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Faculty & Staff

Erin DarbyErin Darby

Assistant Professor
515 McClung Tower
University of Tennessee
Knoxville, TNĀ  37996-0450

Phone: 865-974-6977
Email: edarby1@utk.edu

See Also: Curriculum Vitae

Academia.edu Profile

Erin Darby is an assistant professor of Religious Studies at the University of Tennessee and the co-director of the 'Ayn Gharandal Archaeological Project in southern Jordan. She graduated with her Ph.D in Religious Studies from Duke University in 2011. Erin has been the recipient of several awards, including a number of travel fellowships supporting her research at the American Center of Oriental Research in Amman, Jordan, the Cyprus American Archaeological Research Institute, in Nicosia, Cyprus, and at the Damascus and Aleppo Museums in Syria. She also received a State Department Educational and Cultural Affairs Research Fellowship (2007) and a National Endowment for the Humanities Fellowship (2016) for her work at the W. F. Albright Institute of Archaeological Research in Jerusalem.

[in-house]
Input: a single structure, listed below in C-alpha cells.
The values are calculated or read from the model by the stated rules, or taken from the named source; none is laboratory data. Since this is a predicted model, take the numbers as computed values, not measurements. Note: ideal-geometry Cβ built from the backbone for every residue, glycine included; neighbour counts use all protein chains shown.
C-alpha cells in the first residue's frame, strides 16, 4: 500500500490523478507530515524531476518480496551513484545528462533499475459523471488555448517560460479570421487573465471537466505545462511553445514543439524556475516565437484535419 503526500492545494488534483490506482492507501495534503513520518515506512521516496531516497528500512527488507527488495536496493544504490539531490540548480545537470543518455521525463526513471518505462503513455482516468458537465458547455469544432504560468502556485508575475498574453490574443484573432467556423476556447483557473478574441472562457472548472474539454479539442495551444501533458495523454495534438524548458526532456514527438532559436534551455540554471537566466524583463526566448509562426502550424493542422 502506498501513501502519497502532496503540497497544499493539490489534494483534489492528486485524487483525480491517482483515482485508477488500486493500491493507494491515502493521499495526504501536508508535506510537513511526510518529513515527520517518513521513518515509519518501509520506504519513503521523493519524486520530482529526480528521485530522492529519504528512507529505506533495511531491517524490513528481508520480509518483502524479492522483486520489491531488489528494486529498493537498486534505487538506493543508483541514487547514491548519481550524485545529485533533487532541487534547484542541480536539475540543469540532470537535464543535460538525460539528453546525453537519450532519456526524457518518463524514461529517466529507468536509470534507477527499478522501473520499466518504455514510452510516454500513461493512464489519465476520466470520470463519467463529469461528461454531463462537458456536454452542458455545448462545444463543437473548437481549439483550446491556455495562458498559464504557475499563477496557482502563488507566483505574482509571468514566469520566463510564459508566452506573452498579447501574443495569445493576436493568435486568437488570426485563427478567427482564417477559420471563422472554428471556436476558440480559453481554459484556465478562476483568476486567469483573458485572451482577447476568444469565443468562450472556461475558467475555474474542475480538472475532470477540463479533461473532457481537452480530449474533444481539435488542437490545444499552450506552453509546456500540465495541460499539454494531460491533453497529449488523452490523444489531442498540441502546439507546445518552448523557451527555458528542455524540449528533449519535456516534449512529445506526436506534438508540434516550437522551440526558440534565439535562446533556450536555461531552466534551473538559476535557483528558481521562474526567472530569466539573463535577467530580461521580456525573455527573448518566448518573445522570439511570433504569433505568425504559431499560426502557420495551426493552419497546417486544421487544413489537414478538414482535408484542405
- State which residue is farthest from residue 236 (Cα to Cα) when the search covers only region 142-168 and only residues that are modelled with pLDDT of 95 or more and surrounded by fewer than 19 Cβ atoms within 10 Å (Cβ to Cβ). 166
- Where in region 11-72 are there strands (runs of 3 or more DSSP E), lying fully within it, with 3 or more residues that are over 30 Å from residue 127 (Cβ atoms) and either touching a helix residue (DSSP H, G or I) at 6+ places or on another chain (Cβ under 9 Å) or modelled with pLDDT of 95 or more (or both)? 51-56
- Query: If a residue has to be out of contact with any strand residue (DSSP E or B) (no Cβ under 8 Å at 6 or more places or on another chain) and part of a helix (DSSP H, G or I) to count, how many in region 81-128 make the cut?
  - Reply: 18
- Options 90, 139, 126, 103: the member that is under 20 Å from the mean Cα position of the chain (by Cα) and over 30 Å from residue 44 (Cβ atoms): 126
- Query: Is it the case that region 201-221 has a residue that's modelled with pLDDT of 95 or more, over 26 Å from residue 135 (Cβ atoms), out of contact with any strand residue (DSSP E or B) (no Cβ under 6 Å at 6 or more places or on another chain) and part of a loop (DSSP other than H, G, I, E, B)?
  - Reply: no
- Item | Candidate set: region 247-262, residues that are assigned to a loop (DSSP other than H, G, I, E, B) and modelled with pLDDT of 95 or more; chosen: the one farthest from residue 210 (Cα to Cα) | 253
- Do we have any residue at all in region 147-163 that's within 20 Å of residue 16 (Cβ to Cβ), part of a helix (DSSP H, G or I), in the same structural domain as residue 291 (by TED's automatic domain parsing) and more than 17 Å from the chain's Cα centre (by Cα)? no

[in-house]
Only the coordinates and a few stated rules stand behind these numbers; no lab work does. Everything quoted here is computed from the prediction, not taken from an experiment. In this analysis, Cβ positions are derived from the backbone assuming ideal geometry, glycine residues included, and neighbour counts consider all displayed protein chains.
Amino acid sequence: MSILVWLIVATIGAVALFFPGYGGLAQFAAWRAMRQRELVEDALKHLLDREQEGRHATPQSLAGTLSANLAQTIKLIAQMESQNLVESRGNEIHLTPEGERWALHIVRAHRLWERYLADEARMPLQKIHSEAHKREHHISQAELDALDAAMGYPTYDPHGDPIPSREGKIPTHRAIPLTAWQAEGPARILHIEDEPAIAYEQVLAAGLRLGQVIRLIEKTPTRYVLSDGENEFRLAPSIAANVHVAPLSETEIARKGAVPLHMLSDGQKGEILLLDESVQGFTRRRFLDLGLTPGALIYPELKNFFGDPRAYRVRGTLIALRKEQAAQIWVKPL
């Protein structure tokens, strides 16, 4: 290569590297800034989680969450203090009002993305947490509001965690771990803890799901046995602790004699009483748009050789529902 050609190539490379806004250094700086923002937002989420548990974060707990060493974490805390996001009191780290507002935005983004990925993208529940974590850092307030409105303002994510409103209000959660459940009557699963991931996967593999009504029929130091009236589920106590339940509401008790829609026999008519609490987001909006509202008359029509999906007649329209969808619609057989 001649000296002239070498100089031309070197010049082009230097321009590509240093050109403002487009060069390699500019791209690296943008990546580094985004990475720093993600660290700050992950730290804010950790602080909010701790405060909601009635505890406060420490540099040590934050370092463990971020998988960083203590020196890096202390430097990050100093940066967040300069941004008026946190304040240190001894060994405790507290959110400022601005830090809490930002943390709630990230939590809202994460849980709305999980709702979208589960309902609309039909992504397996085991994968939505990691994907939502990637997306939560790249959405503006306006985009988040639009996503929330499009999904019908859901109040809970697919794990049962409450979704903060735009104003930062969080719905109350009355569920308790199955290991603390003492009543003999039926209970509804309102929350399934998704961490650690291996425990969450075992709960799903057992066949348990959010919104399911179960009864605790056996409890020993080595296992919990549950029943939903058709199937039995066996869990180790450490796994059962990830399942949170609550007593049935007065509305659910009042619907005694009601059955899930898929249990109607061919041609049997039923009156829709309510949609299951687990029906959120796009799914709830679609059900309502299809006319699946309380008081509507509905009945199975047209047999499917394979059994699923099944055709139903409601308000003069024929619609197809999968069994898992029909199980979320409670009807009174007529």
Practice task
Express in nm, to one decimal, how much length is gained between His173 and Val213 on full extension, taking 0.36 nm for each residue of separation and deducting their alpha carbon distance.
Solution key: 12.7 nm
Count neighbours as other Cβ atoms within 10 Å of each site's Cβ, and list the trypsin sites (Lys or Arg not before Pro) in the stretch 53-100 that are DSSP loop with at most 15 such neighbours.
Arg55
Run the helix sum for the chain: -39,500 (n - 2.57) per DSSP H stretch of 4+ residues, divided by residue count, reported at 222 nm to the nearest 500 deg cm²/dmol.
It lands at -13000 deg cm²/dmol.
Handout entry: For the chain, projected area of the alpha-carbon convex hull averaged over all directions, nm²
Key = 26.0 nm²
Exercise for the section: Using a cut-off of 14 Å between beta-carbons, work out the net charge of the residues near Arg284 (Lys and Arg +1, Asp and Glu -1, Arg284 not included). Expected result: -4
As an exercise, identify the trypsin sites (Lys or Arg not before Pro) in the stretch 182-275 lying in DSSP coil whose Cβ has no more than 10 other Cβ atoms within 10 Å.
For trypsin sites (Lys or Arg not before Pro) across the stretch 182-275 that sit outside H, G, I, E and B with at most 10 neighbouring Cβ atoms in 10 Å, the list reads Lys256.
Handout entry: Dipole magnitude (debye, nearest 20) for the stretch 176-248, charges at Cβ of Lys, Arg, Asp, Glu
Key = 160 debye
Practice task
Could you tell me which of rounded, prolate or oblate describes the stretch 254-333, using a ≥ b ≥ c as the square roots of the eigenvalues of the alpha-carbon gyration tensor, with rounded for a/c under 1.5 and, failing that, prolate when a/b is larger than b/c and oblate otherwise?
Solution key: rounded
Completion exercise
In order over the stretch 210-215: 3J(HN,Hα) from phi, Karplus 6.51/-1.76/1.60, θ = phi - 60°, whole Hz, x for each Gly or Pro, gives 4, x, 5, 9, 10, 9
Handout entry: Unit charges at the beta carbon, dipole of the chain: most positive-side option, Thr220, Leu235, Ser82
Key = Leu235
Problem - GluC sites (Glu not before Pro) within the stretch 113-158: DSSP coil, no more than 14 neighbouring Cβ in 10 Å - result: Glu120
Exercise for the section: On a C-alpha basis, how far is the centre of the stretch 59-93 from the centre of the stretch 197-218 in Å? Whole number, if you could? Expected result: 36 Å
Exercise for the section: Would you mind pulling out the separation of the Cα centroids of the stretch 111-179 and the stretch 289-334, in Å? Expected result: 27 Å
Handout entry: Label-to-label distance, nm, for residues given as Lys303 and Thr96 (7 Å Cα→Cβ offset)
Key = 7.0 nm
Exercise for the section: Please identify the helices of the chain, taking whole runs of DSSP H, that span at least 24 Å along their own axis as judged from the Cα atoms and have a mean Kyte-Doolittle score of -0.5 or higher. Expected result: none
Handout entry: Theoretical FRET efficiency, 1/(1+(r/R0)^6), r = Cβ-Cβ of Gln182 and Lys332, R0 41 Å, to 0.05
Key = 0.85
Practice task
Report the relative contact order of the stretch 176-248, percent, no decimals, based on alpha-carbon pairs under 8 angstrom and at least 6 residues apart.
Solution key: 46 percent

Erin is an expert in the Hebrew Bible, ancient Near Eastern history, literature, and archaeology, and specializes in ancient religion and iconography. Her book, Interpreting Judean Pillar Figurines: Gender and Empire in Judean Apotropaic Ritual (Mohr Siebeck 2014), draws upon her knowledge of Late Bronze through Persian period female figurines in Israel, Jordan, Egypt, Syria, and Mesopotamia. Most recently she has begun work on the purported Edomite shrine at the site of 'En Hazeva in southern Israel. She is also the co-director of the 'Ayn Gharandal Archaeological Project, excavating a Nabataean-Islamic period site in southern Jordan and leads the UT Dig Jordan study abroad program. Here in Tennessee, she is one of the founding members of the Partnership for the Academic Study of Early Judaism, the East Tennessee Hebrew Reading Group, the Annual Arab Fest, and the Tennessee Initiative for Middle East Studies. At the national level, Erin chairs a number of committees related to archaeological research for the American Schools of Oriental Research and the Society of Biblical Literature.

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